Movie Review – FURIOUS 7

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This weekend I did something I’ve never done before – I paid to see a Fast & Furious movie in the theater. Despite openly mocking the movies in previous years, I always rented them via Netflix or Redbox, and found them harmless, if not enjoyable on some level. Yet, I always felt there were too many characters, and the stakes never felt that high to me because I quite frankly didn’t give a shit about what happened to any of them. So why did I bother finally plopping down cash at the cineplex for Furious 7? Well, I guess we’ll have to start way back at the beginning…

Like many stuffy, arrogant,  and dismissive squares before me, I thought the first Fast & The Furious film in 2001 was an empty and obnoxious Point Break ripoff that inspired thousands of douchebags to add spoilers, neon trim, and NOS injectors into their Subaru Imprezas. I found the music grating and the culture impenetrable; I wasn’t able to get past the aesthetic to emotionally invest in any of the people behind the wheels of those revved-up whips.

And when 2 Fast 2 Furious was released in 2003, it seemed the burgeoning franchise had already blown a gasket out of the starting block by losing Vin Diesel, adding scads of phony CGI cars, and immediately lapsing into full-on self parody. The title itself became the launching point for a million jokes, supplanting Electric Boogaloo as the new cultural touchstone for ridiculous sequel concepts.  It also inspired a fleet of clones and rip-offs, like the borderline satire that is Torque and video games like Midnight Club. My friend and I even created our own 2 fast 2 Furious parody universe where flashy street racers rode tricked out Segways, dubbed Segway 2 Da Streetz. (Don’t steal that, assholes, it’s been copyrighted.)

Then there was Tokyo Drift, the 2006 Vin Diesel and Paul Walker-less cheap-o third entry that starred Lil Bow-Wow and the grown-up kid from Sling Blade, still sporting a drawl so thick you could almost pour it over chicken and waffles. It grossed a paltry $62 million  and appeared to simultaneously end the street racing craze as well as the franchise itself. Fast & Furious was dead.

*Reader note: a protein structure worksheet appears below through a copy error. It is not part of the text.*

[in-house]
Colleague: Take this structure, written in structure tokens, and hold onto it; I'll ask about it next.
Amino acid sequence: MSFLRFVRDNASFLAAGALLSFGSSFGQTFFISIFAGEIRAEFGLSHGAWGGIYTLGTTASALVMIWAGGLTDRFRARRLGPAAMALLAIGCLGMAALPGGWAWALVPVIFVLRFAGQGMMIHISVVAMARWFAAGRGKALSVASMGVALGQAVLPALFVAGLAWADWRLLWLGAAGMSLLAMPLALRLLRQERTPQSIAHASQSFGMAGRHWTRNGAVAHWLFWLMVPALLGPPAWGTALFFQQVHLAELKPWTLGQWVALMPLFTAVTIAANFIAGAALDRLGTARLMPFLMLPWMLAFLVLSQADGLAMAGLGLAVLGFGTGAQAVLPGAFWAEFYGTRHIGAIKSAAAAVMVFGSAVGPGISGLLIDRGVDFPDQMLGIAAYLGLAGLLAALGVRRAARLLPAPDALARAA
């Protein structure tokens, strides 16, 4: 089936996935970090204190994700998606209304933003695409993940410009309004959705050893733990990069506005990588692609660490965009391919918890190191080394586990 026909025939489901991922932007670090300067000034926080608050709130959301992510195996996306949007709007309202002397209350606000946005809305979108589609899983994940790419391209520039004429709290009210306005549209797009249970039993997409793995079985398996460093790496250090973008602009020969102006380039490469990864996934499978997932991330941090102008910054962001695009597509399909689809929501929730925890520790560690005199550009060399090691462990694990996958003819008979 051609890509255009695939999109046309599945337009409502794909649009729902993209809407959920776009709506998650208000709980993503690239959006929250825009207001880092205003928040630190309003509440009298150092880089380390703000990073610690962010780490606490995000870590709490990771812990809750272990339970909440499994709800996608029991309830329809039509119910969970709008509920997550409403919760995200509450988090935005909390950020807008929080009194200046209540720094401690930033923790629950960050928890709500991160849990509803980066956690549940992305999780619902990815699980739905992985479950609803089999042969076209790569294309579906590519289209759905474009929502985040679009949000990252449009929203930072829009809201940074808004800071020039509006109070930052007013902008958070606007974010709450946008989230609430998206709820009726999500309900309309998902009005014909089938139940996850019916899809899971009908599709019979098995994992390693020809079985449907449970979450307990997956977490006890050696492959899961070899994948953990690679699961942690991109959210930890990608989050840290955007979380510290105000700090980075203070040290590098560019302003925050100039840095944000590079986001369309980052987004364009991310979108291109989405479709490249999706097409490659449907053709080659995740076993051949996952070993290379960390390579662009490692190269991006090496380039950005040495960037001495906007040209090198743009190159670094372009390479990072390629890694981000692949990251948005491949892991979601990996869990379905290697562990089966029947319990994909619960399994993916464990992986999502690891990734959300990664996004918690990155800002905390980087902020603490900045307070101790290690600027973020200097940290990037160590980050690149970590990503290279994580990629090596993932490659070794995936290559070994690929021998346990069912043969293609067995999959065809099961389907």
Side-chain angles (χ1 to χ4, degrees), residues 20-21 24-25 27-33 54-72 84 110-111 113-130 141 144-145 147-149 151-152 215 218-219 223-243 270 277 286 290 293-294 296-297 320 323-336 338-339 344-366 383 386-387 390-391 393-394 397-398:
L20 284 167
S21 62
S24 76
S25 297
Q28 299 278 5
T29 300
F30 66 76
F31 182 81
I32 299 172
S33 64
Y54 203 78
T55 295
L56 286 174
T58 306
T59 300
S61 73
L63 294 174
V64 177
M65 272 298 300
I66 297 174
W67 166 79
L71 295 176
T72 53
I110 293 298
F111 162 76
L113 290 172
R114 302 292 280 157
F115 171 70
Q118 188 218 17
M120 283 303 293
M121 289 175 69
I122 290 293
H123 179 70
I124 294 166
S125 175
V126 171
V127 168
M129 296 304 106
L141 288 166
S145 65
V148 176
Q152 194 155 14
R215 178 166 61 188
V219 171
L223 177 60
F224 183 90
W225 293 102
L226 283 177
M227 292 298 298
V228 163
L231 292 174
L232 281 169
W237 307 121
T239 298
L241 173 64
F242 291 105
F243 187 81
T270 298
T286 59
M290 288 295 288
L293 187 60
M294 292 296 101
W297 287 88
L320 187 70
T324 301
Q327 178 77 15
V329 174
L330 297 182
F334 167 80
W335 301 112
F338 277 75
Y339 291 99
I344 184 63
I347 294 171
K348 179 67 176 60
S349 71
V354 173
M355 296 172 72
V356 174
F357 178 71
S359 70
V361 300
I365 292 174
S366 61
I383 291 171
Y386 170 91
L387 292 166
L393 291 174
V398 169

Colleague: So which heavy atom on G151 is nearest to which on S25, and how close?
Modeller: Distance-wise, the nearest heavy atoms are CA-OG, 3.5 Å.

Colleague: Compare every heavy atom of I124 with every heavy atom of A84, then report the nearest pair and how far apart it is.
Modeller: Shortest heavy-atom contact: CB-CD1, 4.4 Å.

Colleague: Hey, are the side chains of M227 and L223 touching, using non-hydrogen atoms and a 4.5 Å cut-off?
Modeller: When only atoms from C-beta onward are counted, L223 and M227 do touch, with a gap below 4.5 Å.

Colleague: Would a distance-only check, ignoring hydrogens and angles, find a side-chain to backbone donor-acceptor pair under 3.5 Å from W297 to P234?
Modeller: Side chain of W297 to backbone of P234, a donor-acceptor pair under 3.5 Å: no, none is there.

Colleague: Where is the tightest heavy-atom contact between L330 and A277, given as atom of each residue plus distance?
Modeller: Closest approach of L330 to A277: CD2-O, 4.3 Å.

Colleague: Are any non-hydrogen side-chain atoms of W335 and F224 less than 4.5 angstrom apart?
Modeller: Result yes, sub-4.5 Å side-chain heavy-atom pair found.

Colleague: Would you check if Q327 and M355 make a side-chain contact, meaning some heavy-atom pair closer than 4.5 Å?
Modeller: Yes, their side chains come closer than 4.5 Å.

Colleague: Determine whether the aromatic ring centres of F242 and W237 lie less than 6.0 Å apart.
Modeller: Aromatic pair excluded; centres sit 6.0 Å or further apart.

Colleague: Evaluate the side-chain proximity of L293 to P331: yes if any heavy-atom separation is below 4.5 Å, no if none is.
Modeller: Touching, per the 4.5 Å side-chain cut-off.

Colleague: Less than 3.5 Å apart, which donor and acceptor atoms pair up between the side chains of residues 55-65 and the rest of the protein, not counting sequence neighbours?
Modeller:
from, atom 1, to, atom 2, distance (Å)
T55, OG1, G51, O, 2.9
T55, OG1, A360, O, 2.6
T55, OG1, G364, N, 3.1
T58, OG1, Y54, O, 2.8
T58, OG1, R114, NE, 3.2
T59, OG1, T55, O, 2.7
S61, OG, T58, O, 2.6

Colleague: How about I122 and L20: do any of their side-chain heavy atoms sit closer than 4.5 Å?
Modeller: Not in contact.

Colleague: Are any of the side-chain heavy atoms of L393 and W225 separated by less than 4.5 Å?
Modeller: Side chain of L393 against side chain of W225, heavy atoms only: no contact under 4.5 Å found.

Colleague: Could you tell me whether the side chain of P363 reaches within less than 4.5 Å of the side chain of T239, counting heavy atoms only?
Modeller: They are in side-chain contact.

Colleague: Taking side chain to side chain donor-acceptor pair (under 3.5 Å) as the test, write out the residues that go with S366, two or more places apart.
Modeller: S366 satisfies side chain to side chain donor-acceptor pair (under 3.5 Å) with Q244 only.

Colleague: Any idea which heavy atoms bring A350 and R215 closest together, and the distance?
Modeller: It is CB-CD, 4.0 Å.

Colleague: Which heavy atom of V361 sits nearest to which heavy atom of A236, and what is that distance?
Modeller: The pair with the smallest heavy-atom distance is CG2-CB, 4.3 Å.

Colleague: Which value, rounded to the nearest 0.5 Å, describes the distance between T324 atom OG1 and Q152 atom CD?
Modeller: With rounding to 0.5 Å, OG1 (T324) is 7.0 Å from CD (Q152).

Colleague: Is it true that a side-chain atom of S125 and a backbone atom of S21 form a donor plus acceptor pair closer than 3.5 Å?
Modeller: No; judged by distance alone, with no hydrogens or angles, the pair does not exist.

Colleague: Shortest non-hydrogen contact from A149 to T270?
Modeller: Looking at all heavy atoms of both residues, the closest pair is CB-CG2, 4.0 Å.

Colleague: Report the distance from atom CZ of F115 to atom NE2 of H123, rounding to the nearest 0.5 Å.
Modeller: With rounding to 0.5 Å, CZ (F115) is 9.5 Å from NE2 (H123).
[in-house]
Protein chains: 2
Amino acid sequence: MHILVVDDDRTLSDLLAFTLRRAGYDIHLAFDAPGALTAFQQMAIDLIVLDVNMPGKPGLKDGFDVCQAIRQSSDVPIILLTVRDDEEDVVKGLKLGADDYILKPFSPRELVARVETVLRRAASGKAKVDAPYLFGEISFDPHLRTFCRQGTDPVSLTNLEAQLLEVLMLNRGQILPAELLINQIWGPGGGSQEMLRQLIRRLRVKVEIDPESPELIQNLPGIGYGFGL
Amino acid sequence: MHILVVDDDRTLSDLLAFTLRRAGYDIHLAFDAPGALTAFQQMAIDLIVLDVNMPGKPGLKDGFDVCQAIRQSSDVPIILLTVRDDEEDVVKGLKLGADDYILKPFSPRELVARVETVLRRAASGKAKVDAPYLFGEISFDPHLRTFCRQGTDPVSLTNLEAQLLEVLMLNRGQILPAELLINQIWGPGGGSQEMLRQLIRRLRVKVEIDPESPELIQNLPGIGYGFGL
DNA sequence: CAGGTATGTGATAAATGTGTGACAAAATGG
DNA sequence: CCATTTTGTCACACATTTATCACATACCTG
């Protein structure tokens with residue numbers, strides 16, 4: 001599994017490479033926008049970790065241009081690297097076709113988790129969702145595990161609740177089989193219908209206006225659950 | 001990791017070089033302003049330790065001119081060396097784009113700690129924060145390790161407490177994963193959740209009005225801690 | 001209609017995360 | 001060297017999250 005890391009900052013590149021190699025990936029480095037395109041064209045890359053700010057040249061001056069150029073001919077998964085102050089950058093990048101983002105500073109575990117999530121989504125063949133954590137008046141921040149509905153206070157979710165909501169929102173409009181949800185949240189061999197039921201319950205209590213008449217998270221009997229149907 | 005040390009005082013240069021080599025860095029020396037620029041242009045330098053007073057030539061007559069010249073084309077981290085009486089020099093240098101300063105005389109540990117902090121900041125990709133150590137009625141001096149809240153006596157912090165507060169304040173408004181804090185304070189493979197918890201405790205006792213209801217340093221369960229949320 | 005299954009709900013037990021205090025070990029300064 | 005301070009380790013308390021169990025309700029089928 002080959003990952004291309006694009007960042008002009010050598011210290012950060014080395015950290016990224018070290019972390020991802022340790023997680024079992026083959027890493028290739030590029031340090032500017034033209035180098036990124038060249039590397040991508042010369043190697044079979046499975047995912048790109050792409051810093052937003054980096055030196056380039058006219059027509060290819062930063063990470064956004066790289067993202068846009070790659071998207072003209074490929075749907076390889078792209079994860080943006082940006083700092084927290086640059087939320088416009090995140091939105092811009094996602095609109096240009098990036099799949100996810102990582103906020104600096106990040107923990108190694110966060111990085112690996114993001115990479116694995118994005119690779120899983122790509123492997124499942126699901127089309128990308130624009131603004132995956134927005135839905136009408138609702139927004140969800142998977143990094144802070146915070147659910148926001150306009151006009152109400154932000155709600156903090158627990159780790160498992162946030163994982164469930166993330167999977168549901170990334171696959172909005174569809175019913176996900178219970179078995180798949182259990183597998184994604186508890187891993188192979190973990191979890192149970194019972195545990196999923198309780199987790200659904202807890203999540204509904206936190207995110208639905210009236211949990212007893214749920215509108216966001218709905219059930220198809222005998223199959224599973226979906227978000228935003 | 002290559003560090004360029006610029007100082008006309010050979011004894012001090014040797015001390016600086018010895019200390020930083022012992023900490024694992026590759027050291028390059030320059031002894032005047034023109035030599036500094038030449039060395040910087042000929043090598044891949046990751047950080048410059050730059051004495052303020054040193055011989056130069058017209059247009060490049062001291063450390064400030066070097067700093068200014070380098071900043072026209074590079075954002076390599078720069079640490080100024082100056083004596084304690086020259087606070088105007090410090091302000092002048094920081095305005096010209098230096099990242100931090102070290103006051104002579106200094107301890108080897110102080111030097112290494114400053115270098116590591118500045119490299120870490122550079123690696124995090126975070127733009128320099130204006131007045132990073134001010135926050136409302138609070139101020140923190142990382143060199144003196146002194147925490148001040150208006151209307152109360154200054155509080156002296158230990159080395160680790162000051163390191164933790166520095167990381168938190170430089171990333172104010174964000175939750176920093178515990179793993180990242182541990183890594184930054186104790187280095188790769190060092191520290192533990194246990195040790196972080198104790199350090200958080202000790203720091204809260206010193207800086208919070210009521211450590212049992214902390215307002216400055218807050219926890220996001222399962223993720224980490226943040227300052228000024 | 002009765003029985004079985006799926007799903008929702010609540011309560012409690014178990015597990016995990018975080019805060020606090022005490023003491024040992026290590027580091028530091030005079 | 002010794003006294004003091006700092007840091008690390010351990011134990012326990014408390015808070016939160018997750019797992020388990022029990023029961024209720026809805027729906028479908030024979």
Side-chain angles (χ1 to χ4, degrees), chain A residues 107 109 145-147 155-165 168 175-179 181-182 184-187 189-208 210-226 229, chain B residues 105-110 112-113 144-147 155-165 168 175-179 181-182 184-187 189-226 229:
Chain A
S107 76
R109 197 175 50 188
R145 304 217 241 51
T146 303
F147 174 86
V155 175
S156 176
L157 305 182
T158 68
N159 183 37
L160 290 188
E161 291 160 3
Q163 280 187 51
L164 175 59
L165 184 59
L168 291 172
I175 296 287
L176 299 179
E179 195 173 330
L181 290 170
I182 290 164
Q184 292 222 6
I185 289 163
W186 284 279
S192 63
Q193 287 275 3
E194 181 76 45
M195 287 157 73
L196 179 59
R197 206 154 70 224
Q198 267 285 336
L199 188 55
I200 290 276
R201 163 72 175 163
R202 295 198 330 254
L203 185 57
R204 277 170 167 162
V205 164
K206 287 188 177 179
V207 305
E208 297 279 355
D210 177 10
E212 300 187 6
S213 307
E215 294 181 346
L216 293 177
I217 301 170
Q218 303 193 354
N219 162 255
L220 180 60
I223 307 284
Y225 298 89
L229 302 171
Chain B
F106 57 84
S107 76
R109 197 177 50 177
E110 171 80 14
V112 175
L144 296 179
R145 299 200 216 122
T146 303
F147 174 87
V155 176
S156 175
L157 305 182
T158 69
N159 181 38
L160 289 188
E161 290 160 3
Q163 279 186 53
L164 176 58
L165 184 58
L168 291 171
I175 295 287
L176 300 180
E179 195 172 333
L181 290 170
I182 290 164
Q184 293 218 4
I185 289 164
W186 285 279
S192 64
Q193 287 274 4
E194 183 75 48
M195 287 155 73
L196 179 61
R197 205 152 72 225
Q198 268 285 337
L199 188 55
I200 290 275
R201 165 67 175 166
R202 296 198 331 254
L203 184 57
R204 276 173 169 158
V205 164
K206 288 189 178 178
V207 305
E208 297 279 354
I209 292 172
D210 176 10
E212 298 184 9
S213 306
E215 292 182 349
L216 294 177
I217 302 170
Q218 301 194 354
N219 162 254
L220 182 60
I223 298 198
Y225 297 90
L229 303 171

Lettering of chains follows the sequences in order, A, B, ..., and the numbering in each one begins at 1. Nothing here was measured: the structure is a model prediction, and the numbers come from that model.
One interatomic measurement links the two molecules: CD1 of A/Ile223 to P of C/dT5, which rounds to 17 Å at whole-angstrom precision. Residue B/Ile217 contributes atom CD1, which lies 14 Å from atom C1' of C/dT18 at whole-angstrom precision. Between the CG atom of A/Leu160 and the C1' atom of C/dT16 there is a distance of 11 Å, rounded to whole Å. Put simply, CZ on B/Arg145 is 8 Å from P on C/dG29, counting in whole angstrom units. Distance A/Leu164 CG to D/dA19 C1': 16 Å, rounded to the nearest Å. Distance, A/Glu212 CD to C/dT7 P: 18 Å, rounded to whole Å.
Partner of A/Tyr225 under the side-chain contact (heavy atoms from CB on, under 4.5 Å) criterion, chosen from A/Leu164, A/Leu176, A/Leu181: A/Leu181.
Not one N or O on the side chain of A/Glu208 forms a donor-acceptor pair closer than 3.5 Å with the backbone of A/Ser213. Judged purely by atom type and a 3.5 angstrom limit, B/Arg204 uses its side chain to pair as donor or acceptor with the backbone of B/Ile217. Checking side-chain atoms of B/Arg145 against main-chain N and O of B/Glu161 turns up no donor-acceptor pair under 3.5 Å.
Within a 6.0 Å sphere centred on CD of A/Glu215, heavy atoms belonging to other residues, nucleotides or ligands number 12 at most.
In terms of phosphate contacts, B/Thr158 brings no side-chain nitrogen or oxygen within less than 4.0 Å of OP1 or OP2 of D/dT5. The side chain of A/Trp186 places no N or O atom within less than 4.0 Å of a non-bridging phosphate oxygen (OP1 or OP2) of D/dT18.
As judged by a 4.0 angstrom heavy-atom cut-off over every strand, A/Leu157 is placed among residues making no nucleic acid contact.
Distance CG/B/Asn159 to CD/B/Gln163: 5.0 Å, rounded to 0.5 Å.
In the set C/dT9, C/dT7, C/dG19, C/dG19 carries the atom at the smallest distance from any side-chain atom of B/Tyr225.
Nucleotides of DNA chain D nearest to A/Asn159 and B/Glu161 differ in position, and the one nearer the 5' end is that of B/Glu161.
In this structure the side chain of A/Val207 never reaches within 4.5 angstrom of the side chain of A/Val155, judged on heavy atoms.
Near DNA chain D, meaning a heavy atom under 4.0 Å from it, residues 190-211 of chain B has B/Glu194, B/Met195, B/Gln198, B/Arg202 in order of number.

Except, it wasn’t.

Like extracting a diamond from the filthiest lump of coal, Vin Diesel reinvigorated the lifeless corpse of the franchise by shooting a ten-second cameo for Tokyo Drift in exchange for the exclusive rights to his Riddick character. By doing so, he unwittingly set the stage for the unlikeliest cinematic comeback of all time.

Universal got the band back together in 2009 for what would be the first in a line of head-scratching titles. Fast And Furious (what, no 4 Fast 4 Furious?) was the first in the rejuvenated series that wisely eschewed street racing-driven plots in favor of adrenaline-fueled stunts and a more traditional action narrative. Once Duane “The Rock” Johnson came on board in 2011’s Fast Five, it was off to the figurative races, and the movies have never looked back. If you want some eye-popping stats, here are the opening weekend numbers for every Fast film from Four on:

  • Fast And Furious: $70,950,500
  • Fast Five: $86,198,765
  • Fast & Furious 6: $97,375,245
  • Furious 7: $147,187,040

Now that is what you call insane exponential growth, and I have been continually surprised as anyone to see this sudden and enormous breakout success. Hell, the Fast & Furious franchise has exploded into the second biggest continuity-driven, interconnected cinematic universe next to the juggernaut (no pun intended) superhero films from Marvel Studios. That’s beyond mystifying, but at this point I’ve decided to stop trying to figure out what’s under the hood and simply try to experience the thrill of the ride for once.

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That having been said, one of the smartest things Furious 7 does is pare the unwieldy number of “family” members down to a far more manageable six (eight if you count Jordana Brewster’s character Mia who exits the action early on, and the new female hacker played by the gorgeous and delightful Britsh actress Nathalie Emanuel). This finally allowed me to keep track of their names and their specific talents – Dom is the tough-as-nails, no bullshit leader; Brian is the ex-military badass who does all the risky jumps/infiltrations; Roman is the wisecracking comic relief/con artist; Tej is the tech guy (though I don’t remember his starting off that way at all, I think he was just a gearhead in his first appearance); Letty is the “badass chick” (and probably second only to Dom in driving ability); and The Rock is, well…The Rock.